Most motions filed by defense lawyers were agreed to by the prosecutors and signed by the judge because they were about simple, routine matters like travel.

    What happens if the prosecutors objects? Well, the judge can then either hold a hearing to hear more from both sides before making his decision. Or maybe the judge says a hearing is not necessary because he already has all information in documents that he needs to make a decision.

    Other more significant kinds of motions involves motions to suppress evidence – blocking the prosecutor from introducing it into the case against the defendant. Or a motion for discovery to get a copy of the government’s evidence against the defendant.

    Now what? The defendant, with advice of his or her lawyer, will have to decide if they want to fight it by going to trial or try to negotiate a plea with reduced consequences.

    If everyone agrees to a guilty plea then the defendant signs a plea agreement with the prosecutors, presents it to the judge at a change of plea hearing. The judge asks the defendant if it was because they were truly guilty and not because being pressured, and if the facts were correct? If the defendant says yes, and the judge agrees with the negotiated consequences, he will approve it. Usually you can’t appeal a guilty plea.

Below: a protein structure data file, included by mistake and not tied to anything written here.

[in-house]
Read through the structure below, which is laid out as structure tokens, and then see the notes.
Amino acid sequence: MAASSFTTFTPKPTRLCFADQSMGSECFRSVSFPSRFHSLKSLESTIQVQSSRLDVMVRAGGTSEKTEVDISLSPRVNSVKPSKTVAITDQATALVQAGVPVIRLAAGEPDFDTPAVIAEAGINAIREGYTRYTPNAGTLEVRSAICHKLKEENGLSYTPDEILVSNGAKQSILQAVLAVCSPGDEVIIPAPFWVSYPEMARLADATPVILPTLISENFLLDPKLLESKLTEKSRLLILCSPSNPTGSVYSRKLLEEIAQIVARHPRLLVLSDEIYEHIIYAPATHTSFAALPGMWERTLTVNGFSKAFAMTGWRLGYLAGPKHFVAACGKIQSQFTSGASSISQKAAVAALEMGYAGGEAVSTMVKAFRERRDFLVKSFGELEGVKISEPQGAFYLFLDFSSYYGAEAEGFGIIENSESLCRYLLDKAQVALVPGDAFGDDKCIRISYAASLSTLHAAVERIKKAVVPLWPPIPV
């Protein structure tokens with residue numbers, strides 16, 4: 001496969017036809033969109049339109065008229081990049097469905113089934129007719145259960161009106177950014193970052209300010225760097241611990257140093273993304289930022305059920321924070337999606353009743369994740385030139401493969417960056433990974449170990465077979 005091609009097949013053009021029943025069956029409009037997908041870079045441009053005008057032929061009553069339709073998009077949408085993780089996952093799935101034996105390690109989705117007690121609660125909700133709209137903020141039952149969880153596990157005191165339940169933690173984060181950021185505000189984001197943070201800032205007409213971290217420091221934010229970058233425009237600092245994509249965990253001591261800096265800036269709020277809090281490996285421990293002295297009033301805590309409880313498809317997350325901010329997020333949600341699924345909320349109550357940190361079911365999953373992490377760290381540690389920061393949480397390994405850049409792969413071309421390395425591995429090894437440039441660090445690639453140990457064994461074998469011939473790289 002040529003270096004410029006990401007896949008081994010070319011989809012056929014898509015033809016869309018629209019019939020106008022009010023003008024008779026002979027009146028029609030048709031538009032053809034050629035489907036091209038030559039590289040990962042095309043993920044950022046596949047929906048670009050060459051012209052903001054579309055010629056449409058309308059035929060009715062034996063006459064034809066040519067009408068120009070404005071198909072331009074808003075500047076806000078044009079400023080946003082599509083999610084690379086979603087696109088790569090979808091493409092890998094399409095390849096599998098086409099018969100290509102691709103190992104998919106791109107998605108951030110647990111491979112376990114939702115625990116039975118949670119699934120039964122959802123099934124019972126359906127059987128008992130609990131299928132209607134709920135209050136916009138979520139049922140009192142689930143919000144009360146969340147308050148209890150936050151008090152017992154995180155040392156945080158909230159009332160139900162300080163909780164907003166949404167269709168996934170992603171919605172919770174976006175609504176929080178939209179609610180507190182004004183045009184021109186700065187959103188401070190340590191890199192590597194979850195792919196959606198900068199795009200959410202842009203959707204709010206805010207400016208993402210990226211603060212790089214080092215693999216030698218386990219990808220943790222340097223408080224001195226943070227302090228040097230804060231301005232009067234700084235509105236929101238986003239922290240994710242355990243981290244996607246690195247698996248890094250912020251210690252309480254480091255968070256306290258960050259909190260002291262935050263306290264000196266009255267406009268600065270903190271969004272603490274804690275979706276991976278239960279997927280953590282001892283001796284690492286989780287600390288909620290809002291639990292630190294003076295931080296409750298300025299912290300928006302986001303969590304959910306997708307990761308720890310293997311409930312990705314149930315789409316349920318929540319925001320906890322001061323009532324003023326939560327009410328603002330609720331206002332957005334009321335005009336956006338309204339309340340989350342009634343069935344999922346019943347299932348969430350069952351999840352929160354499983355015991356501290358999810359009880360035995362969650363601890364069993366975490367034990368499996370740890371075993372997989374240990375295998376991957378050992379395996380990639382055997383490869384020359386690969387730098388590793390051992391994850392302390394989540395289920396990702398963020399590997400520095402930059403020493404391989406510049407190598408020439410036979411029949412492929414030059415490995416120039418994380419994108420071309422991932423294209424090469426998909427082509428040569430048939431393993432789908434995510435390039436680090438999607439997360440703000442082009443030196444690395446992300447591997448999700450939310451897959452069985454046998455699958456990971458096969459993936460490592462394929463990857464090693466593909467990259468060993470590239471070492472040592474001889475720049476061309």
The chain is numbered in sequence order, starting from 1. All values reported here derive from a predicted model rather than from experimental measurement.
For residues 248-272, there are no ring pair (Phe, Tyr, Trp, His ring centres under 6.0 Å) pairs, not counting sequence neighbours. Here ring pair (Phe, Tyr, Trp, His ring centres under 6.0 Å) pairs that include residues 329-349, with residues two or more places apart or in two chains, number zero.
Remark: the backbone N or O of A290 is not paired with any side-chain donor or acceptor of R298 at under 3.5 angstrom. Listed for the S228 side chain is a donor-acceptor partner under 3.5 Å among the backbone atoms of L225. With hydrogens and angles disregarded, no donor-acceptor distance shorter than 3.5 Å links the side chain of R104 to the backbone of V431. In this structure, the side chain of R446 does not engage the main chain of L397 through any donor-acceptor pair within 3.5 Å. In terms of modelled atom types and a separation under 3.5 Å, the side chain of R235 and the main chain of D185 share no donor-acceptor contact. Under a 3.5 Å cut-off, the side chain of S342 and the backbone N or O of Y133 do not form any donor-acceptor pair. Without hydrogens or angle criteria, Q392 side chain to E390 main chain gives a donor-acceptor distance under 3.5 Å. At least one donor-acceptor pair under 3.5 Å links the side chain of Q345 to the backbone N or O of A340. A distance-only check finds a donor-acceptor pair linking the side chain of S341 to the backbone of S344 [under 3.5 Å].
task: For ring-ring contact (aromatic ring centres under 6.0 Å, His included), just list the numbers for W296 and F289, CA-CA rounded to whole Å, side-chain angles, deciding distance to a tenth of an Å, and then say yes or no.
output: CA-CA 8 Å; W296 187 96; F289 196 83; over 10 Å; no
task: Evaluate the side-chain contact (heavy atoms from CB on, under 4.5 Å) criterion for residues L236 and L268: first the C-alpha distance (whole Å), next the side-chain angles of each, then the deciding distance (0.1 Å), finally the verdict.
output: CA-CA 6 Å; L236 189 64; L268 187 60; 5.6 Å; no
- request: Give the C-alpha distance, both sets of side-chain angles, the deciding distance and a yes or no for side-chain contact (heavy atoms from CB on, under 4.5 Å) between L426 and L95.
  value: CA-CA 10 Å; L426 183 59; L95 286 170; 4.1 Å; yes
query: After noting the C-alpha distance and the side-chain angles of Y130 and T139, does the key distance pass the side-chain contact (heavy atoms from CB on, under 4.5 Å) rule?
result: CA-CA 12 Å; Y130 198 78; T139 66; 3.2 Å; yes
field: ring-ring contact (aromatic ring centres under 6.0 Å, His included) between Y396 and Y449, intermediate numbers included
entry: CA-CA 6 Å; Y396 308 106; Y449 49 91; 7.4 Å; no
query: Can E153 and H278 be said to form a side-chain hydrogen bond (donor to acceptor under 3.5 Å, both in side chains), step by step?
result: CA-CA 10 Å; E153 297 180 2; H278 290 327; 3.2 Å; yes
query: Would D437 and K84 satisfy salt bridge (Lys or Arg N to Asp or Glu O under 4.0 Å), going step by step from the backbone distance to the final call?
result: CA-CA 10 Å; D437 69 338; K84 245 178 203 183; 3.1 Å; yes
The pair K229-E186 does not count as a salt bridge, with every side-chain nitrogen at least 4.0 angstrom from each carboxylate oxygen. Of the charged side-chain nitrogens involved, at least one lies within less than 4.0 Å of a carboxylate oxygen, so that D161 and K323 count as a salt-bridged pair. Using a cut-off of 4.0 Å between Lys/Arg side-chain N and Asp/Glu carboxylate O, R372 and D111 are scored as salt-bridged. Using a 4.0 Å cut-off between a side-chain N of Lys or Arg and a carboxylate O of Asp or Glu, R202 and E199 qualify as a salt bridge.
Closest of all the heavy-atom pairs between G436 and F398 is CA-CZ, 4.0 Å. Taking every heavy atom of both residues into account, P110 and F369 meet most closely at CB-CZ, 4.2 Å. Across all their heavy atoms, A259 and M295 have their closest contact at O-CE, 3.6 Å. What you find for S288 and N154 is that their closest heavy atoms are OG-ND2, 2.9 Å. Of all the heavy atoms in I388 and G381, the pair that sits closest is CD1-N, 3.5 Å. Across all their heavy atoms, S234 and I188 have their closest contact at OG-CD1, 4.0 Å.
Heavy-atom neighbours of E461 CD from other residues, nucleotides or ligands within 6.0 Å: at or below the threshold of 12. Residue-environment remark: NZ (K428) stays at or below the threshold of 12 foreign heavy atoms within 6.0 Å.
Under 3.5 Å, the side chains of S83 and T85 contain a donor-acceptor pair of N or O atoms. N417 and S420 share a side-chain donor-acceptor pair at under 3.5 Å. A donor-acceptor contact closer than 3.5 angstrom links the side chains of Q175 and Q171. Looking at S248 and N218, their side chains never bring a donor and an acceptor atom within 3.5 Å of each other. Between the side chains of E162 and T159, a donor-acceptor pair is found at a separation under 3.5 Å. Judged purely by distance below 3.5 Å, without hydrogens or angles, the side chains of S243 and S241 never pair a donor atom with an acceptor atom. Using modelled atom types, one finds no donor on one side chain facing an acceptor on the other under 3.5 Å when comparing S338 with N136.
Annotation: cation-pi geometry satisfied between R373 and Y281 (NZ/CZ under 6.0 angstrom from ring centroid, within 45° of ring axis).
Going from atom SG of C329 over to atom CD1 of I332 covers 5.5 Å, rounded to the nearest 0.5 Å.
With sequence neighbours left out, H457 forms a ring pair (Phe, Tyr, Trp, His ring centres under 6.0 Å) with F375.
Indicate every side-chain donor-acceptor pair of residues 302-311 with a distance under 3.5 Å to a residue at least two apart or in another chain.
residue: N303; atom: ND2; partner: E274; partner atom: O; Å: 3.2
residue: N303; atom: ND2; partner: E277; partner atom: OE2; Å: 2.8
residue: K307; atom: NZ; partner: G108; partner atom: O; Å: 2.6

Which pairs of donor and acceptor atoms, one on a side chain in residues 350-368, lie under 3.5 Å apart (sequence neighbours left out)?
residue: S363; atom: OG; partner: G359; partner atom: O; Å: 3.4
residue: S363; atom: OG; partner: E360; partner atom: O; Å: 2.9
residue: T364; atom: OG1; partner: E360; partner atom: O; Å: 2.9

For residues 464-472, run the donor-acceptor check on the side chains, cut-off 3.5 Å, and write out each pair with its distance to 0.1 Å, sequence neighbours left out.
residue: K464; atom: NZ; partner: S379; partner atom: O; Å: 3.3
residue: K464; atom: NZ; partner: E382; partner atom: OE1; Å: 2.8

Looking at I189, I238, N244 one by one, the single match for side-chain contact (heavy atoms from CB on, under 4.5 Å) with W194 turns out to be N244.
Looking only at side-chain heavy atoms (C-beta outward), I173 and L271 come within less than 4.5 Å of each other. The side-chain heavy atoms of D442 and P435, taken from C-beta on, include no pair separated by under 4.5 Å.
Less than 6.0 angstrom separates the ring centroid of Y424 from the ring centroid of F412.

If the defendant prefers to go to trial and see if his luck is good, then eventually the judge, defense lawyer, and the AUSA will have a pre-trial conference. It’s a meeting where the two sides agrees on what facts they both agree with — judge then removes these agreed-upon legal issues from the trial.

    The trial is only to discuss issues that both sides disagree with. This saves time and lets the jury (or judge) focus on what are the important issues.

    Then the trial starts. Both sides makes their opening statement,, presents evidence and any witnesses, a closing statement and rebuttal, then lets the jury decide (if it was a jury trial. The defendant has a right to request a jury trial if he prefers otherwise the judge will decide if guilty or not guilty).

    After the trial, the defendant has 10 days to file an appeal with the appropriate federal appellate court. If they do not appeal within this time, then they can’t appeal to anyone in the future (for this case). I don’t remember seeing any documents saying Pena appealed to the 3rd Circuit appellate court so I think he’s stuck with the conviction. Viable hasn’t had their trial yet so we’ll see what happens.

    That’s basically how a federal case is born and grows through the federal court system. 🙂 It can be an enormously expensive legal bill and is usually at least 1-2 years of intense mental and physical strain for the defendant and their loved ones.

  43. Case Update #2 (Sentencing coming soon!)
    6 06 2011

    An exact date has not yet been scheduled, but one of the defendants’ lawyers mentioned in a court document today that they expected sentencing to happen sometime in August 2011.